Russia and China are working together to limit US influence. They claim that real democracy is in their countries, not in the US. The former regards Ukraine as its errant child and the latter as an important link in the new Silk Road.
“It is impossible that China did not know about the planned Russian invasion of Ukraine,” says Theresa Fallon, director of the Brussels-based Center for Russia, Europe and Asia Studies (CREAS).
And, she adds, if we want to fully understand Russia’s actions in Ukraine, we need to take a closer look at Russian-Chinese relations. We should also know that China has successfully tried to use Ukraine for its One Belt and One Road initiative, a modern-day reactivation of the Silk Road. Last but not least, to know about Ukrainian-Chinese military cooperation.
“The war in Ukraine is much more than the result of Russia’s imperial aspirations or a desire filled with historical sentiment to regain influence in the post-Soviet region. It is an attempt to reshape the international order that Western countries built after the Second World War,” explains Theresa Fallon. “In this jigsaw, Russia and China resemble Butch Cassidy and the Sundance Kid, a pair of criminals terrorising their neighbourhood. They initially competed with each other, only to eventually join forces in an effort to escape justice.”
After years of intolerance and hostility, Russia and China concluded some time ago that their interests were converging and that cooperation was therefore worthwhile. What is its basis? The urgent need to dismantle the current international system based on institutions created by the West after the Second World War, which now stands in the way of the great power ambitions of both Russia and China.
We can hardly understand Russia’s actions in Ukraine, Theresa Fallon argues, if we do not take note of China’s activities in Ukraine in the years preceding the seizure of Crimea.
“Since about 2010, China has acted in Ukraine in a way that Vladimir Putin has been very concerned about. It has focused on ever closer economic and military cooperation.”
From the very beginning, Ukraine has been an important focus of China’s flagship development project, the One Belt and One Road initiative. The first investment maps from 2013, when the project was made public, bypassed Russia. Yet this is the largest infrastructure project in Eurasia, for which China is prepared to spend up to $8 trillion to build the necessary transport infrastructure and boost international trade with the aim of its own expansion into the West.
“Leaving Russia out of these plans was not only an insult to Putin, who has been trying for years to build a Eurasian union, but also threatened to further marginalize him economically.”
Alongside this, China, having problems with food production while refusing to fall into food dependence on the US, became involved in the development of Ukrainian agriculture. In 2013, it signed the world’s largest-ever farmland lease agreement. It leased 3 million hectares in Ukraine for 50 years. Ukraine thus became China’s largest overseas agricultural centre. The deal is worth about $2.6 billion a year. China uses the land to grow crops and raise pigs. Most of the production then goes to China via Crimea. In Crimea itself, China has committed to building roads, bridges and residential areas.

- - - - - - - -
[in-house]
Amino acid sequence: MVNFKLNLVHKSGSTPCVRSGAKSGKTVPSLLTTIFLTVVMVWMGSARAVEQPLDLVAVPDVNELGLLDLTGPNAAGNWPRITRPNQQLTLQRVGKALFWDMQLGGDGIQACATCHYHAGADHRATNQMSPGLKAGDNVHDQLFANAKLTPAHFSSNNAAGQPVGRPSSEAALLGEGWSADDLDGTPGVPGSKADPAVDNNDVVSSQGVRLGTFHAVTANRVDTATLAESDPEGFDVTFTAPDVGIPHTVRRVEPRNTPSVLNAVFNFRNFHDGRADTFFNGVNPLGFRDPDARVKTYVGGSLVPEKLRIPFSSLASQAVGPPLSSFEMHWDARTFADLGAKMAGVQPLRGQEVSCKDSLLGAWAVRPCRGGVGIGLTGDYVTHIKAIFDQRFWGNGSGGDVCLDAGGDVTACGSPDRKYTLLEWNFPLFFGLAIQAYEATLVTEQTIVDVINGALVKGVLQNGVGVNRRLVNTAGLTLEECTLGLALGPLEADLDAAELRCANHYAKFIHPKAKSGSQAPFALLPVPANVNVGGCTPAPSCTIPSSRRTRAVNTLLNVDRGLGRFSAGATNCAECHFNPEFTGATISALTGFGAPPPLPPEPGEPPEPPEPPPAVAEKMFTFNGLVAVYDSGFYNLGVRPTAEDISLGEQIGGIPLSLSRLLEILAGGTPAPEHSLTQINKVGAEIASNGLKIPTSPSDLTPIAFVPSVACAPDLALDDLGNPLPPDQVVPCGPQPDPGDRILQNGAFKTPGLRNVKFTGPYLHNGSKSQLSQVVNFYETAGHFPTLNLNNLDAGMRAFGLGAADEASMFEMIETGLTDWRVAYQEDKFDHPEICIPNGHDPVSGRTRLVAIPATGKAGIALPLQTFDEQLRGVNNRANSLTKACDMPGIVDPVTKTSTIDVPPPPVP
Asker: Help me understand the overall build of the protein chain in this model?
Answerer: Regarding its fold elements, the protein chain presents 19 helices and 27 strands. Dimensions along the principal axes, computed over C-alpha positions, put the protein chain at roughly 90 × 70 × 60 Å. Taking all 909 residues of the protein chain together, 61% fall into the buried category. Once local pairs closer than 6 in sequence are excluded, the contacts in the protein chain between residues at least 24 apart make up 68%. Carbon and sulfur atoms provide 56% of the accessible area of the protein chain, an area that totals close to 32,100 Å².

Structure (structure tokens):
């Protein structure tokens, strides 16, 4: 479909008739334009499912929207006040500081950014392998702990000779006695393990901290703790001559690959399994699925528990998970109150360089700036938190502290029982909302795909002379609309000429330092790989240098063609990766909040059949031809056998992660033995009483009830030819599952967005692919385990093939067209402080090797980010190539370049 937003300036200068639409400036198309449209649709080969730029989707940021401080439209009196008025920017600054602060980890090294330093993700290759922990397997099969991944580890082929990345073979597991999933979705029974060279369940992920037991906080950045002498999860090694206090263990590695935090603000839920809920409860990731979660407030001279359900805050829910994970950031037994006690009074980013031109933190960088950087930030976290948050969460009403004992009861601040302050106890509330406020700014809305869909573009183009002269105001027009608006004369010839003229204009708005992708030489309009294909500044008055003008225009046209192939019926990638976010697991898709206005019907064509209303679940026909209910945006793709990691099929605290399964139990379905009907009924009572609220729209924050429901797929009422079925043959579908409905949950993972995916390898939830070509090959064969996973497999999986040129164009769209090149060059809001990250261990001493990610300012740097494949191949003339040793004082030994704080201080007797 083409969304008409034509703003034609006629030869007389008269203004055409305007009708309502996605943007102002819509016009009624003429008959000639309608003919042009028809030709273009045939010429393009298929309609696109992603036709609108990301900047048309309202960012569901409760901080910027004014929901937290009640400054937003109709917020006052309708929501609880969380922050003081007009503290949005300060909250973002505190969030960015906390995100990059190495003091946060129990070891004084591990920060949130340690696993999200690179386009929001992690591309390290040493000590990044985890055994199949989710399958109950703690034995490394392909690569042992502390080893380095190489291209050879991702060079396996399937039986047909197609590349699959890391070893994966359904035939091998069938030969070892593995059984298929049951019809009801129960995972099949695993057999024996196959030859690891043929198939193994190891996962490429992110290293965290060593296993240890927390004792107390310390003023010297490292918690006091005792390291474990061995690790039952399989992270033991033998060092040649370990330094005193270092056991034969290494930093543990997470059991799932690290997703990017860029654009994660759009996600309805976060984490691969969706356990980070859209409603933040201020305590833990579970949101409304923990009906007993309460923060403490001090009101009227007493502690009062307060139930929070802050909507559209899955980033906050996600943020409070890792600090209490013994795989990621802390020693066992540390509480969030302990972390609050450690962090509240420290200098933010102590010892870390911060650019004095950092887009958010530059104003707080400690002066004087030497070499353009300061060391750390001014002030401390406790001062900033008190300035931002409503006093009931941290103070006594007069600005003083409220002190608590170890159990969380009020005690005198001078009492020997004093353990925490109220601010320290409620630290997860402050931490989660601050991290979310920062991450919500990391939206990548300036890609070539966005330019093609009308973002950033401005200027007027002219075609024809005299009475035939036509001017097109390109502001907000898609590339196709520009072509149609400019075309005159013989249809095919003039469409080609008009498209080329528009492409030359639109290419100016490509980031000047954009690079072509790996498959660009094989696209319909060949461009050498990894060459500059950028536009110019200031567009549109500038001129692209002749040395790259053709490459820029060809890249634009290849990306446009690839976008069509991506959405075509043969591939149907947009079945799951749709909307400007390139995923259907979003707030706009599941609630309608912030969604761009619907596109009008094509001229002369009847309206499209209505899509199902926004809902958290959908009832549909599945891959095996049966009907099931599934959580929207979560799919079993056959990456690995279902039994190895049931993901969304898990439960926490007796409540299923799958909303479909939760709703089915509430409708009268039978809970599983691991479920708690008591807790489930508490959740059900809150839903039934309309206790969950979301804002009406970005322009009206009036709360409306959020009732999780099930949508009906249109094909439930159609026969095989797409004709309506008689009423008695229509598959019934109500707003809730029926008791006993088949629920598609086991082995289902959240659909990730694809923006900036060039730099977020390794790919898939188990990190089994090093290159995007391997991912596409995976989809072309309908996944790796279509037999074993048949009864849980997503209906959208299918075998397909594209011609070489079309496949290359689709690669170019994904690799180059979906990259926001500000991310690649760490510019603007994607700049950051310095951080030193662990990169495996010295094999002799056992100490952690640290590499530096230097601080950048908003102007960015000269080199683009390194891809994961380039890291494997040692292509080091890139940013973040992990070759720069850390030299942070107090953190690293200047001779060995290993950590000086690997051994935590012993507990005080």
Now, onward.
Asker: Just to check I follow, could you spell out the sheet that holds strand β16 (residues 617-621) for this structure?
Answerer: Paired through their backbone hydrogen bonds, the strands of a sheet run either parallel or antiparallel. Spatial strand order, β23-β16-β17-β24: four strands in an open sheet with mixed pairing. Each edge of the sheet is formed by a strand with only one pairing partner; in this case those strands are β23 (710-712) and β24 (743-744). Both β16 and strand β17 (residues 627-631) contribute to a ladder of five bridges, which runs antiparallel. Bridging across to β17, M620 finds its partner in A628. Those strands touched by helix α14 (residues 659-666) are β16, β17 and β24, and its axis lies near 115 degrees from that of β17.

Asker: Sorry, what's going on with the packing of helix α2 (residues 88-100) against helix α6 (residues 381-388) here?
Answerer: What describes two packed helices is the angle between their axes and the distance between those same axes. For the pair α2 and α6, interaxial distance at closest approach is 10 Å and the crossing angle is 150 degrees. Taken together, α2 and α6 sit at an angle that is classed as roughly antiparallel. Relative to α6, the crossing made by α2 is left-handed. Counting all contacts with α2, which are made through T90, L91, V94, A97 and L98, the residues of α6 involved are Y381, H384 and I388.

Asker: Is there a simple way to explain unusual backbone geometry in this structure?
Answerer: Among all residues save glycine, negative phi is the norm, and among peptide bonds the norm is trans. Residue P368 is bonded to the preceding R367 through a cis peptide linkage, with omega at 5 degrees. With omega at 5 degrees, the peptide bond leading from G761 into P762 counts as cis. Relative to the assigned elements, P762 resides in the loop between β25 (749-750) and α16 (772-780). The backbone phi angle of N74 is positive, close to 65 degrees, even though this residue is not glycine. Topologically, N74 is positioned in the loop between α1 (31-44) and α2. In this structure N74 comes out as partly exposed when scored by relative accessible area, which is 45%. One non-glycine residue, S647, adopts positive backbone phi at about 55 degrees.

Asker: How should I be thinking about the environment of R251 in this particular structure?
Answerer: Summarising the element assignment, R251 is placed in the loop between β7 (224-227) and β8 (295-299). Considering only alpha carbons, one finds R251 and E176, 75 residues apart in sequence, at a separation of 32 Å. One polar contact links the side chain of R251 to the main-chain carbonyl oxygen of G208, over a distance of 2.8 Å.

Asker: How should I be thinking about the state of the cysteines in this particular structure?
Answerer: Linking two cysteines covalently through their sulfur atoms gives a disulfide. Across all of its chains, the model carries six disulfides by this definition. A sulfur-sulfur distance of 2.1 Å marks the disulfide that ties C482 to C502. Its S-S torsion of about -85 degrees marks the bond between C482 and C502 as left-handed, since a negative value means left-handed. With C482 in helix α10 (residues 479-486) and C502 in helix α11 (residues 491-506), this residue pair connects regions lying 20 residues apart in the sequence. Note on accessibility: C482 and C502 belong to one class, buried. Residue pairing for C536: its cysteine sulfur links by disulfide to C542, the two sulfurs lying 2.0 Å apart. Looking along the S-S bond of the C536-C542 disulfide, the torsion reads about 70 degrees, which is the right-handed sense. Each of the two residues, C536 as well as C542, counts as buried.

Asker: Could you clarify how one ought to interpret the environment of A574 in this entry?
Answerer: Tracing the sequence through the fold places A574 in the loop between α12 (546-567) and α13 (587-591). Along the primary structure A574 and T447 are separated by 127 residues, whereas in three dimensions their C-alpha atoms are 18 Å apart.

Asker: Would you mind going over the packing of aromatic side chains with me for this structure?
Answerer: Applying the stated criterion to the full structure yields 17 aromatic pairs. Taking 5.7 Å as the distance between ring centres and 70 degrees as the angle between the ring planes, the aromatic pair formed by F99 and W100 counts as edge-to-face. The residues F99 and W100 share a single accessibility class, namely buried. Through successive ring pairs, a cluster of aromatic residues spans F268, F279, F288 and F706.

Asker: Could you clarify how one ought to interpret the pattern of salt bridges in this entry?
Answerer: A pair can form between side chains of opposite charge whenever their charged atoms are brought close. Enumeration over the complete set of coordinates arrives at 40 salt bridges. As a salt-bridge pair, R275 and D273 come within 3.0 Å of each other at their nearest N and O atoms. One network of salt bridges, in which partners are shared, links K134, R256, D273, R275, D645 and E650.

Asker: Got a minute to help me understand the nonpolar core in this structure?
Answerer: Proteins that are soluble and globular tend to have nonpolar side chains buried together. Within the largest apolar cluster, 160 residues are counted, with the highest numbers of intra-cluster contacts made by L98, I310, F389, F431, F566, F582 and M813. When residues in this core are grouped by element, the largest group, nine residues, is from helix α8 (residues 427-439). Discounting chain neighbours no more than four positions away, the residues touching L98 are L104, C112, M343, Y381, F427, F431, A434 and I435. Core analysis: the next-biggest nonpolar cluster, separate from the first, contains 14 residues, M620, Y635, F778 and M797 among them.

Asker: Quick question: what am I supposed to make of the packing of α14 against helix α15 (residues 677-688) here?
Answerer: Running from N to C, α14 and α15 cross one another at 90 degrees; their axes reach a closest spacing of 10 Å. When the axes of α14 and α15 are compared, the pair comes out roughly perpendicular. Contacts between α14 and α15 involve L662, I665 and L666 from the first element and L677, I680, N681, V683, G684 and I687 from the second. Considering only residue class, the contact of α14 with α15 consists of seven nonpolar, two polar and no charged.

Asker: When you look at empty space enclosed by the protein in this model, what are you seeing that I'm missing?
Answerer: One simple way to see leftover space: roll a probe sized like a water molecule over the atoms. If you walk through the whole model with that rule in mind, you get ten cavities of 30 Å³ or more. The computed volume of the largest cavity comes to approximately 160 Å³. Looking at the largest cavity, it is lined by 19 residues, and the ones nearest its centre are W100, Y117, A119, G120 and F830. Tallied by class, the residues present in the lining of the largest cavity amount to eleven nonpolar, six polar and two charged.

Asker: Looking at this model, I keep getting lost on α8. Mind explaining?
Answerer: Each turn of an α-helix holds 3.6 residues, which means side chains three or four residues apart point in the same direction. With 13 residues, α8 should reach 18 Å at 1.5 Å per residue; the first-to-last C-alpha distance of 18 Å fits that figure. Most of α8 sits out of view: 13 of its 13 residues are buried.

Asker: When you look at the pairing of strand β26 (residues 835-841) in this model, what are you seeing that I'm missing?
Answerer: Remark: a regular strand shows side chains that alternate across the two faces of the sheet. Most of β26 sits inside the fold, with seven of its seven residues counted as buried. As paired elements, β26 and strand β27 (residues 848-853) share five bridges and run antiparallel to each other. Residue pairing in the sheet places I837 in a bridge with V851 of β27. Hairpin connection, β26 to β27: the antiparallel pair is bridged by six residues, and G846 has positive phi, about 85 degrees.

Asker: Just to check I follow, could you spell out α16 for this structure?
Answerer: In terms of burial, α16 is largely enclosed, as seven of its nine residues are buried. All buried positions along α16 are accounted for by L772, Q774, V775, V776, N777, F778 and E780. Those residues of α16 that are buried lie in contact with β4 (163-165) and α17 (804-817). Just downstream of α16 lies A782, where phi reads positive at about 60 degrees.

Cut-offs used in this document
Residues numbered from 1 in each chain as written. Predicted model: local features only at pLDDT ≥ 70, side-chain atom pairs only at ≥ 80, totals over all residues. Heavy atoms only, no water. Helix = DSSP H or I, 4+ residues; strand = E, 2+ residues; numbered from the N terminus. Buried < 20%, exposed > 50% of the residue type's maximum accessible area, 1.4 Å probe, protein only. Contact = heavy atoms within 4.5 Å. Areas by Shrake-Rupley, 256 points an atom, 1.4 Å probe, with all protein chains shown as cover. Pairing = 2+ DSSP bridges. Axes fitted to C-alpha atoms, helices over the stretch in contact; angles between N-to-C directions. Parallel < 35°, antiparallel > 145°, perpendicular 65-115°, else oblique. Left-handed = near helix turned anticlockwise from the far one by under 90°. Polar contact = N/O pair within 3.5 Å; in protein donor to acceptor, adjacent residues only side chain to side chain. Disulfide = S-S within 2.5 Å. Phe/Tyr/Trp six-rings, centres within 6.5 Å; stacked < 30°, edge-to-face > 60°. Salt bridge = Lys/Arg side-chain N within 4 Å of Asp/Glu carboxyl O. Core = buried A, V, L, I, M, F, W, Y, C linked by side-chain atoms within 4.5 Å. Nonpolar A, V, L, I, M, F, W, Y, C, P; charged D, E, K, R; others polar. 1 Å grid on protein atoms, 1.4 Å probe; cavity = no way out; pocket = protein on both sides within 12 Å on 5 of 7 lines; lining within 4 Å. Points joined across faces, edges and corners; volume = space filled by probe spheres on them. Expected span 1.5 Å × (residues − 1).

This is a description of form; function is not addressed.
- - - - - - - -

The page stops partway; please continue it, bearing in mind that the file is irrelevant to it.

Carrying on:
Over the same years, China has bought military equipment from Ukraine that Russia would never have sold it: anti-missile systems and engines for fighter jets. Even an old cruiser. The Chinese converted it into an aircraft carrier. Part of the purchase of weapons included training for soldiers of the Chinese People’s Liberation Army. For the Ukrainian budget, these transactions represented very significant revenues.
“If I were Putin, watching Chinese actions in Ukraine, starting in the second decade of the 21st century, I would be nervous too. Putin probably sensed that he was being played on two sides, by the US and the EU in the west and by China in the east. So he decided to occupy Crimea.”
Russia’s annexation of Crimea has caused a profound change in Sino-Russian relations.
“China has understood that if it wants its flagship development project to succeed, it must cooperate with Russia. So Moscow was included in the project as one of its important nodes. Russia’s seizure of Crimea was recognised by China. It has pledged to rebuild the port there, which was destroyed by the bombing, and which is to be fully operational again.” (The port was bombed by the Russians.)
At the same time, tacit cooperation began to develop between the two countries. In the process, they challenged the international order based on US dominance. Nor did they stop short of questioning the values of liberal democracy, the ideas of human rights, civil liberties and the norms of international law. They have been driven by a common goal: 1) to weaken the United States and its alliance with Europe; 2) to undermine the already shaky solidarity within the European Union; and 3) to strengthen their presence in the regions they consider to be their spheres of influence.